Staff at the Securities and Exchange Commission are holding fast on offering no timeline for an SEC determination on International Financial Reporting Standards, but one SEC expert offered detailed insights into considerations countries typically weigh as they decide on adoption, and countries usually adopt to achieve some larger economic objective.
Paul Beswick, acting chief accountant at the SEC, said at the national regulatory conference of the American Institute of Certified Public Accountants that the IFRS question is perhaps the most important accounting consideration the SEC has faced since the 1930s. He had nothing further to say, however, on if, when, or whether the SEC will make a determination, especially now that Chairman Mary Schapiro has announced her plans to leave the SEC. “The staff is working to assure that the commission is properly informed,” he said. “Please stay tuned.”
The SEC staff presented its final report to the full commission in July without making any specific recommendation or providing a timeline for when it would make a recommendation. Jennifer Minke-Girard, senior associate chief accountant at the SEC, said the staff can't offer any timeline projections. "We've done the work we were asked to do," she said. "To the extent the commission has next steps for us, we will respond to those."
Without directly channeling any guidance she would offer to the full commission, Julie Erhardt, deputy chief accountant at the SEC, said where countries have made a switch to IFRS, it's been to achieve some economic objective bigger than just adopting new accounting standards. Erhardt said countries that have adopted IFRS are usually looking for some improvement in capital markets or the greater society that can only be achieved by adopting IFRS. She said countries typically focus on three major considerations as they think about adopting IFRS -- the “make vs. buy” decision, the implications for attracting increased foreign investment, and obstacles to gaining access to foreign capital.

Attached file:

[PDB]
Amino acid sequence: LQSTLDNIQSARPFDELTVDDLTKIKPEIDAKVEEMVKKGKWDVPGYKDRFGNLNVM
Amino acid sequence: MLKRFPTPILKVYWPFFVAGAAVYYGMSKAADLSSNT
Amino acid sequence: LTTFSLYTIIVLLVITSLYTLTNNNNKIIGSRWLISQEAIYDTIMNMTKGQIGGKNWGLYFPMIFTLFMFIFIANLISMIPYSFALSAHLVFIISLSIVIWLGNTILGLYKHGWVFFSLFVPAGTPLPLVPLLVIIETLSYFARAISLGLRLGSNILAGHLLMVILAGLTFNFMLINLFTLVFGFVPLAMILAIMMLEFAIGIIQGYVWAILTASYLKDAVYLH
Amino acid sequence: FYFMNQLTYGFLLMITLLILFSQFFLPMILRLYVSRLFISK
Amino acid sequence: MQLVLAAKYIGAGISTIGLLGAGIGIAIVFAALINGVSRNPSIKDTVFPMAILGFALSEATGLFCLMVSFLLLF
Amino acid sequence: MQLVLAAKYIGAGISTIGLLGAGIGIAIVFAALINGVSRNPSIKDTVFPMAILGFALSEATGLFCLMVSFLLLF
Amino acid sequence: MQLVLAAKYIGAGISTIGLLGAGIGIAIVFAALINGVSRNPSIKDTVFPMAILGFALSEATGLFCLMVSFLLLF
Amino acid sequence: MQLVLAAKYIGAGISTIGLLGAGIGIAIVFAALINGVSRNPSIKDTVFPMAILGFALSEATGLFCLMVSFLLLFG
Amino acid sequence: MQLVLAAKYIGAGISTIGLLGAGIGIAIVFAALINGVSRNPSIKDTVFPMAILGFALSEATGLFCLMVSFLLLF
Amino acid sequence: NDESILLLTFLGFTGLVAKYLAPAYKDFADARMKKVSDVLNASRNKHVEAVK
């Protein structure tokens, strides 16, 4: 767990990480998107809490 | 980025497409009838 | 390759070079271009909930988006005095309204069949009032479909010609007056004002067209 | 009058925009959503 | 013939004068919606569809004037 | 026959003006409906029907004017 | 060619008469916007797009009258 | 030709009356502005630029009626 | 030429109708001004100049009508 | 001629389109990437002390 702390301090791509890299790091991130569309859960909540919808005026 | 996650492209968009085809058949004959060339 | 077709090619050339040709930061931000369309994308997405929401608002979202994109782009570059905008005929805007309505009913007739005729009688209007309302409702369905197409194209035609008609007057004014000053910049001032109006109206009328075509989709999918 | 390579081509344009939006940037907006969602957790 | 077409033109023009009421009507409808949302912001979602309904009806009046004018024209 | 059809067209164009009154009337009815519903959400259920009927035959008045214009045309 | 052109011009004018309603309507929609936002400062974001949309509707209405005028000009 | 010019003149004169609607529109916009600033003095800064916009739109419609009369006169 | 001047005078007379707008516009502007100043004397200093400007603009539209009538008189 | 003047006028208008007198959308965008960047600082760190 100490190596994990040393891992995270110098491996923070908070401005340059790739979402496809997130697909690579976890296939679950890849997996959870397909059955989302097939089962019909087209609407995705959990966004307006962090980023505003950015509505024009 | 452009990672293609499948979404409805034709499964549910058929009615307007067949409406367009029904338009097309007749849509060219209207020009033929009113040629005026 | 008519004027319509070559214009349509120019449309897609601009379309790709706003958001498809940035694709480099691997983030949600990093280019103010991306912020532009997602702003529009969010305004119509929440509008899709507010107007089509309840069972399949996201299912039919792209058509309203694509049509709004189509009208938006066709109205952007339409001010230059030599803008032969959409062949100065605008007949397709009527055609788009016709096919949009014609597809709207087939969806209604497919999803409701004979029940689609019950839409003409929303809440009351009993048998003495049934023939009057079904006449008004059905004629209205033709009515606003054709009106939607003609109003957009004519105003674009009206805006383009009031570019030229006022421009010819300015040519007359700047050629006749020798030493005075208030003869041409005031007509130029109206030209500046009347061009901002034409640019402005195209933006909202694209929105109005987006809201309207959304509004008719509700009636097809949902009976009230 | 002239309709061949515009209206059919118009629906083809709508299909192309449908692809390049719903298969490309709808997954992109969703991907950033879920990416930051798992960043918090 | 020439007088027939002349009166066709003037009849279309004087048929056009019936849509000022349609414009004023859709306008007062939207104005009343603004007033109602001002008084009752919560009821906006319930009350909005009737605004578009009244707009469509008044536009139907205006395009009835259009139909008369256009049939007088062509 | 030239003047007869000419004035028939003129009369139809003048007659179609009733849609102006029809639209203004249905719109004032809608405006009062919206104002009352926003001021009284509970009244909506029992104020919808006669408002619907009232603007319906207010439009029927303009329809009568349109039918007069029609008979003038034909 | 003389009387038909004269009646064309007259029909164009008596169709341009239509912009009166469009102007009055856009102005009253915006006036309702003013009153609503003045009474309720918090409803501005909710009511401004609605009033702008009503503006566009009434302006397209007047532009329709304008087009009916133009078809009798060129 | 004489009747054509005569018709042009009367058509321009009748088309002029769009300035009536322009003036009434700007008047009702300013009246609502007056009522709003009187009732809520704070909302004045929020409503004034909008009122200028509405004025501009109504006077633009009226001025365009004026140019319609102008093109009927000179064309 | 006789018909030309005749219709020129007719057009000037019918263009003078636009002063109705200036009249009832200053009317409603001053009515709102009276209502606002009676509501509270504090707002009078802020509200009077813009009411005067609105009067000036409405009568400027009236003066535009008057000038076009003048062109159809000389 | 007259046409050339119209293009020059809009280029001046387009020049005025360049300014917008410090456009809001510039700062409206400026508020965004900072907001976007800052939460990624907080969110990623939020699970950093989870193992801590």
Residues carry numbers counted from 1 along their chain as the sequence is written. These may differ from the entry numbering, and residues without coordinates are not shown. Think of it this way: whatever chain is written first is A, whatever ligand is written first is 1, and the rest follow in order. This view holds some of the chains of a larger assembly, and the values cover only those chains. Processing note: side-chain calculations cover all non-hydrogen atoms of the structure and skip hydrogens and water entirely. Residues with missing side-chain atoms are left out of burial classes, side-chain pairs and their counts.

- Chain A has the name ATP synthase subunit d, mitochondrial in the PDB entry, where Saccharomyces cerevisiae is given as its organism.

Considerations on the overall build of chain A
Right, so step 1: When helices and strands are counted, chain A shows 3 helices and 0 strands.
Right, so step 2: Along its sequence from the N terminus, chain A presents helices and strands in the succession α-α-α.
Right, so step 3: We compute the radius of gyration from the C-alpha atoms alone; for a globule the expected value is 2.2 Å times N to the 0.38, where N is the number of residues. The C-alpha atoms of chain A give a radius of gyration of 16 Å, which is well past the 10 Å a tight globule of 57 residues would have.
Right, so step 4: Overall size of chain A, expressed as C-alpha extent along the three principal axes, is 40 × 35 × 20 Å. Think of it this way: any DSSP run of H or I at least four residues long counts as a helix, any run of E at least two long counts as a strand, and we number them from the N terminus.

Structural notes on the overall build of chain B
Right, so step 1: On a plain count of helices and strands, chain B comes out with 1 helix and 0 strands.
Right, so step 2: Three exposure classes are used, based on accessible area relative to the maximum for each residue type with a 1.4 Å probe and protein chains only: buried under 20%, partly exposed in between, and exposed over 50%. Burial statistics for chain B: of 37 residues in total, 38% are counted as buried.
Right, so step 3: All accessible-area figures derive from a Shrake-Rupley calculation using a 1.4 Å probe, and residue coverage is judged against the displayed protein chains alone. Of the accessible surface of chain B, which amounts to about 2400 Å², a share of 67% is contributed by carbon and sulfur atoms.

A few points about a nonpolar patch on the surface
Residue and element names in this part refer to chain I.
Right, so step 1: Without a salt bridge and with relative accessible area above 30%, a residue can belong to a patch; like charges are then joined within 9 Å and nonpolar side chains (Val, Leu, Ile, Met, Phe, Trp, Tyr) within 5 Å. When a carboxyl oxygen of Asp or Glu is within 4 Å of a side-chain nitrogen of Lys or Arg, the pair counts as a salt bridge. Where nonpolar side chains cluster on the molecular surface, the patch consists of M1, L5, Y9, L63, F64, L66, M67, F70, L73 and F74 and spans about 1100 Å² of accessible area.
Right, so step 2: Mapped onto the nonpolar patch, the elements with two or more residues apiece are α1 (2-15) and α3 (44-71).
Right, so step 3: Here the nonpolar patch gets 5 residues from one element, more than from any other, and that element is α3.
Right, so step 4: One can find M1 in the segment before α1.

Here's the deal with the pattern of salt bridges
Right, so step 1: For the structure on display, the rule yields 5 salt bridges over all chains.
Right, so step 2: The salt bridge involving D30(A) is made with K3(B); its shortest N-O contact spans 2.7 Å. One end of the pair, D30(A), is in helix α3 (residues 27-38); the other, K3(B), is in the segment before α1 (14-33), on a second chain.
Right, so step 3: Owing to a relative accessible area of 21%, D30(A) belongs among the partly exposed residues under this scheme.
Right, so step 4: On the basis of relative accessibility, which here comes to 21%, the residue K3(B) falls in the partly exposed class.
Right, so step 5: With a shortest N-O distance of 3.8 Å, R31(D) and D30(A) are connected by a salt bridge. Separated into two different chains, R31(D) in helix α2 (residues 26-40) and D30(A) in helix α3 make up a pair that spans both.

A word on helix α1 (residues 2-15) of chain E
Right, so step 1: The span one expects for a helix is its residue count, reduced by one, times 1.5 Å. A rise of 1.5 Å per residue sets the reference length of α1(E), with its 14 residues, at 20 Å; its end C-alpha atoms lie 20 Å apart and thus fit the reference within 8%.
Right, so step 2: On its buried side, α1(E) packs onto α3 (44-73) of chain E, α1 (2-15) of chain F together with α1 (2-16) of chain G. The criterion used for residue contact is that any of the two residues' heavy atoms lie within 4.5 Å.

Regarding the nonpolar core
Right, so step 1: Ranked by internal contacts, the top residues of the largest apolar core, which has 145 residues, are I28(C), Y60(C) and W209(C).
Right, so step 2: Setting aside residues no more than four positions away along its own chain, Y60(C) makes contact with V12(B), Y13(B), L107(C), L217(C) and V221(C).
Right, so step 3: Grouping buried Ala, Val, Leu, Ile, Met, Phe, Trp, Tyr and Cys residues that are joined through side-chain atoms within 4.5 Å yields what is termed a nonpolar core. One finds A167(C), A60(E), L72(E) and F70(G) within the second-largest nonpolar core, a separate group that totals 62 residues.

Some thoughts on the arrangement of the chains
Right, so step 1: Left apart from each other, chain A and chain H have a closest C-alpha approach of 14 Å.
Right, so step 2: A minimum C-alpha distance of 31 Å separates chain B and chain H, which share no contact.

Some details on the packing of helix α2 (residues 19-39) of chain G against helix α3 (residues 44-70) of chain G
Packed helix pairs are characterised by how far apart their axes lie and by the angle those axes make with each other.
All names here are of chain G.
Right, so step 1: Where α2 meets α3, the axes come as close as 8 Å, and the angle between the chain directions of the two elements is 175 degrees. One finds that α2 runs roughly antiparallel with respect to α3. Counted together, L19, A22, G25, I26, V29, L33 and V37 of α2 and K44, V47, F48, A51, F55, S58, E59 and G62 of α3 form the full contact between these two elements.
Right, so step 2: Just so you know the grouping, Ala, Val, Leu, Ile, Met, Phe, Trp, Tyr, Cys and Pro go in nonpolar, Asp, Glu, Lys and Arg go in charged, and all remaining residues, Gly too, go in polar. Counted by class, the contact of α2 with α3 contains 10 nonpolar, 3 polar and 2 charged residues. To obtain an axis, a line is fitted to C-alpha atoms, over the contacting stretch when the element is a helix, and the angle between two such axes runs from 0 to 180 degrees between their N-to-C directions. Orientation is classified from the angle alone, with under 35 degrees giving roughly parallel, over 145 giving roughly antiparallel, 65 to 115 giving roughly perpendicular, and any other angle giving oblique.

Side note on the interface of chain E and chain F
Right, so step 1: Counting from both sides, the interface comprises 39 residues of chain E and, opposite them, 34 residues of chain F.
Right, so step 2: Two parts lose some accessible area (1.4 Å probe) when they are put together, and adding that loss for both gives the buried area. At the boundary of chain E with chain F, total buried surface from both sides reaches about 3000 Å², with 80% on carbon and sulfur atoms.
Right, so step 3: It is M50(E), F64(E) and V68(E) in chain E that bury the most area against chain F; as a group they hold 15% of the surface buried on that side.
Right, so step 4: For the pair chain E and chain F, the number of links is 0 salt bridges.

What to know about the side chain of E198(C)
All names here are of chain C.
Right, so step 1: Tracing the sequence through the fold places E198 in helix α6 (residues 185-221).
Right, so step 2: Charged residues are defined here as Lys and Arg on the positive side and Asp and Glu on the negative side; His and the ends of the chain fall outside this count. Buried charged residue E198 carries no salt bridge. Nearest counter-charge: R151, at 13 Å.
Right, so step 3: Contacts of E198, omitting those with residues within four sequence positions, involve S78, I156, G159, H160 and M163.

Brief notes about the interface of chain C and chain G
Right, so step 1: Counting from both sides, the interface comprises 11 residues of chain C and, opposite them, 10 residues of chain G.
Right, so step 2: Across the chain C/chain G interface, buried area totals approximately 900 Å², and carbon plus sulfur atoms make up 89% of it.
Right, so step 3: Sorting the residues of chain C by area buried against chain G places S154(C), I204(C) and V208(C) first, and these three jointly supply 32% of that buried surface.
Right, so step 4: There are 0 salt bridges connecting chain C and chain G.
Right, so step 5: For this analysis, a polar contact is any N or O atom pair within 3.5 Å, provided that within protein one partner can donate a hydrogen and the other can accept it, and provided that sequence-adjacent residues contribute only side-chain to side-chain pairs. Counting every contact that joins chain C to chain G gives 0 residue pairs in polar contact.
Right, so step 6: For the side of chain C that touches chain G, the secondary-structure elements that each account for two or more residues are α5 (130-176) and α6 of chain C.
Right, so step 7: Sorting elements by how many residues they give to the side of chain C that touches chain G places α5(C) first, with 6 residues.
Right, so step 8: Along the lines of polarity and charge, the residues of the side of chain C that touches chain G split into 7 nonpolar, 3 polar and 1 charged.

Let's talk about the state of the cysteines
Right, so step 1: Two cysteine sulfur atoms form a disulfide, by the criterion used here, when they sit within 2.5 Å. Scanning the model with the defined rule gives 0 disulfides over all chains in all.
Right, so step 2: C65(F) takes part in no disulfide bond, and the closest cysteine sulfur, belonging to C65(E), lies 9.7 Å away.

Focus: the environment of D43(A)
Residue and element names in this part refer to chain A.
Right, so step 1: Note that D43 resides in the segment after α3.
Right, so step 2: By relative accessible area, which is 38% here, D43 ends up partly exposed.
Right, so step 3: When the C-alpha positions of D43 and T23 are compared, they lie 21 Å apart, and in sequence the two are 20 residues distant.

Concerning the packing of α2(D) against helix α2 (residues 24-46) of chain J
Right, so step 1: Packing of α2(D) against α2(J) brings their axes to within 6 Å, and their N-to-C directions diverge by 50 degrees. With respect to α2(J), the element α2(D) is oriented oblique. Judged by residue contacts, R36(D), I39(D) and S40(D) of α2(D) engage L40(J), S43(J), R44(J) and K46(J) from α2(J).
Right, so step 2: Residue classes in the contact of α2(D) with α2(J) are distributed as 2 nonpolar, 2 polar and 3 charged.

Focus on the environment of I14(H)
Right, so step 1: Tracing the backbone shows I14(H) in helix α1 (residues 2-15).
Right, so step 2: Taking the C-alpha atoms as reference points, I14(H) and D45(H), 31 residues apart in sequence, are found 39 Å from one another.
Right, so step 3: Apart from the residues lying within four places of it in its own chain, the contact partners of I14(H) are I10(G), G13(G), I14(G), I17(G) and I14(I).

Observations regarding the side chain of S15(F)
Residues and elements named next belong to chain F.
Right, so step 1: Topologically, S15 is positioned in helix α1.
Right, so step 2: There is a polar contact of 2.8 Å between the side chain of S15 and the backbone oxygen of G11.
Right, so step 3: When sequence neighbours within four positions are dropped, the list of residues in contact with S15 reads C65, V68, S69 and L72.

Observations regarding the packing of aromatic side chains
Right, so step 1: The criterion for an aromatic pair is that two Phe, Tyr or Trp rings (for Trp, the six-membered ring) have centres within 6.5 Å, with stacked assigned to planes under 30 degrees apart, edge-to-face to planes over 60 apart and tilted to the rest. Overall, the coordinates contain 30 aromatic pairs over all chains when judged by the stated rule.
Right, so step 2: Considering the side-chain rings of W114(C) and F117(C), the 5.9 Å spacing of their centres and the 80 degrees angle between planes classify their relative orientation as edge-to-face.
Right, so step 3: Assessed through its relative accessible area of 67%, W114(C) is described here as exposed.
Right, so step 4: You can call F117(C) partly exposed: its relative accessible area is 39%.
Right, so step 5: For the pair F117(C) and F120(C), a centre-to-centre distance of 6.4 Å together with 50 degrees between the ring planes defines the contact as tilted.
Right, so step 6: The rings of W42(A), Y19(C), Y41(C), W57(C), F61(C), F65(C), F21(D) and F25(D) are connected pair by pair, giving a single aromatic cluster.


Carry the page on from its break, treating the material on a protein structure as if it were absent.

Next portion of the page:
In the make-or-buy decision, Erhardt said countries will assess whether they can make a significant improvement in their accounting standards by adopting the international rule book. Countries will consider, for example, whether the quality of financial statement information would improve, what kind of costs the country might incur in adopting IFRS, and whether the standard-setting process for IFRS is better than the home country's standard setting process.
As for foreign investment, countries will consider the extent to which they need to attract foreign investment to gain the capital necessary for its markets to function and grow. “Pricing of inbound capital is where accounting standards come into play,” she said. “If the cost of foreign capital is reduced under IFRS, that could be a motivator.” That might be a consideration if prospective investors are more familiar with IFRS than the country's national standards, she said.
Erhardt said countries will also think about the “friction” that exists between its own market and foreign markets as they attempt to import and export capital across borders. Acknowledging necessary checks and balances in the processes meant to protect home country markets, Erhardt said those provisions nevertheless produce friction in trying to move capital across borders. If the friction caused by having differences in accounting standards is costly or intolerable, that might present another reason for a country to consider adopting IFRS.
Erhardt declined to apply those considerations, which she described as a "gross oversimplification" of the issues, directly to circumstances in the United States with her own insights on how it might guide an SEC decision. Instead, she encouraged preparers and auditors to give it some thought on their own to reach their own conclusions.